NORTHERN TACTICS FOR FALL CRAPPIE
By Vic Attardo
Crappie fishing is always about where you’re at and where they’re at. They, being the fish.
The factum is just as appropriate when it comes to fishing for fall crappie in northern latitudes. Considerations break down, first, according to the size and depth of the water; next, the conditions — water temperature, weather, clarity, etc. etc, etc.
If you’re only accustomed to fishing below the Mason Dixon line, then you’re in for a bit of a shock when coming north. Not only is “crop-ee” pronounced “crap-ee” but when November rolls around, the fish are rarely on wide flats, unless of course, that is all the fish have available to them. The tactic of trolling a spider rig across an expansive stretch is just not the number one way of going after fall crappie in the North. Instead it’s all about spot structure: the crappie spot it and hang there, you fish it and catch fish.
Of the myriad types of structure available to the Northern angler one that is often overlooked is that of temporary cover. Not easy to classify, temporary cover is nonetheless something that is there today, was not there yesterday or a few yesterdays before that, and may not be there tomorrow. Nonetheless if temporary cover teams up with a place that fish normally gravitate to in the fall then you might have a true hot spot full of eager crappie.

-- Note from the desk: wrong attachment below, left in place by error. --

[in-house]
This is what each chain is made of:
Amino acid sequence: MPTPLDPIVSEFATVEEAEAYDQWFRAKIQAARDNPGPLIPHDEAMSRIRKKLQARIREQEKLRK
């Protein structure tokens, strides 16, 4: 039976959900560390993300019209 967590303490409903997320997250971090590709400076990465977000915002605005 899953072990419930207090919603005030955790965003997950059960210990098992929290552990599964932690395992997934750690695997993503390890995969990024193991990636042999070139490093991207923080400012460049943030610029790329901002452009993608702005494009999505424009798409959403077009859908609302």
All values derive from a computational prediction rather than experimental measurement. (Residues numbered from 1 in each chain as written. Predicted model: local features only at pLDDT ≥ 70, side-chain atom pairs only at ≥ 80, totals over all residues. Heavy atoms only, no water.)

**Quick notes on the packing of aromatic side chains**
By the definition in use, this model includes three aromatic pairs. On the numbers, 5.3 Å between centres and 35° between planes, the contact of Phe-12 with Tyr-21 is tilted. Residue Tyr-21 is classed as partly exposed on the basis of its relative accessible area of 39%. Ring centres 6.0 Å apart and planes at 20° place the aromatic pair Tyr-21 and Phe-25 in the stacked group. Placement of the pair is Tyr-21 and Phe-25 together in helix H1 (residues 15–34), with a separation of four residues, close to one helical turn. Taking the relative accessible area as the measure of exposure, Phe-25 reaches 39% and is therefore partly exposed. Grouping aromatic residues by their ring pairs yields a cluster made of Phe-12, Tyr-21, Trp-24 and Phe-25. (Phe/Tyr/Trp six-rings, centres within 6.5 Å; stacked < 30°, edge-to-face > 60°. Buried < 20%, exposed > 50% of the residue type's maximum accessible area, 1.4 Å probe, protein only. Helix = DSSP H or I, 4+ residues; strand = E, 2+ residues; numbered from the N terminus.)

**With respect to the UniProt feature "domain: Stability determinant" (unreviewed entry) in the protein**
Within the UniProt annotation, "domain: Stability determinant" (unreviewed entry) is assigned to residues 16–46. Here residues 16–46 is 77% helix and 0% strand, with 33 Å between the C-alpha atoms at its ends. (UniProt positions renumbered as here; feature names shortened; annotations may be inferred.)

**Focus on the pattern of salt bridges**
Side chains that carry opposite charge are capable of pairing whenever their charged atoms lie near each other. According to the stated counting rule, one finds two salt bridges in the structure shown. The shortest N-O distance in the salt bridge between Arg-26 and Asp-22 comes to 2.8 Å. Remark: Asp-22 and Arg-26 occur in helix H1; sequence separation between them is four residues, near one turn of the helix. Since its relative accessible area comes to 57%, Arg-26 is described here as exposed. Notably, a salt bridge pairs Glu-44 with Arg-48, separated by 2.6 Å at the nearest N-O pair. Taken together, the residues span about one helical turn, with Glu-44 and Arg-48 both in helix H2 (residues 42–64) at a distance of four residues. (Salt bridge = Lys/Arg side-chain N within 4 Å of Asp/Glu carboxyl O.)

Probably the most common type of temporary cover is a log that has been swept in during high water. The log has replanted itself in a soft bottom or wedged against hard structure and is now a crappie magnet.
Perhaps the funniest temporary cover I ever fished — yes I said funniest — was a log that had floated into a wide bay in Lake Champlain on the Vermont side. The bay was known to have a river channel and bottom structure that held good numbers of crappie in the fall. But when the log set up shop, the fecundity of the spot grew exponentially. Thing is it wasn’t an ordinary log that was situated out there in Lake Champlain.
The area’s Chambers of Commerce like to promote a sort of Loch Ness knock-off they call “Champy.” Like the Lock Ness Monster, Champy is rumored to be some sort of pre-historic creature that lives deep in the gargantuan lake. Actually this story might hold some validity because 10,000 years ago Lake Champlain was a salt water bay connected to the burgeoning Atlantic by the St. Lawrence River. A skeleton of a Beluga whale found in Lake Champlain is on display at a Vermont college.
For a potential boost to their economy Vermonters have not stopped hoping that Champy really appears. So when one particular log with a long reptile like appearance floated into the bay, the locals were quick to decorate it with spines, tail and a head on an elongated neck. They even went so far as to place a solar-power red light where the eye should be thus presenting a dreamlike facsimile somewhat anchored in the bay’s soft bottom. There’s not a lot do in Vermont on many nights.
The thing is the log turned Champy quickly became a crappie magnet.
When a buddy and I fished around the semi-floating log, we found crappie at both ends and along the middle.
As with most temporary covers, it takes a bit of stealth to effectively fish these spots. You should come upon t.c.’s with little or no waves from your boat and your presentation should be light and unobtrusive. It’s also a good idea to make your initial presentations from a decent distance — that unfixed span depending on water depth and clarity.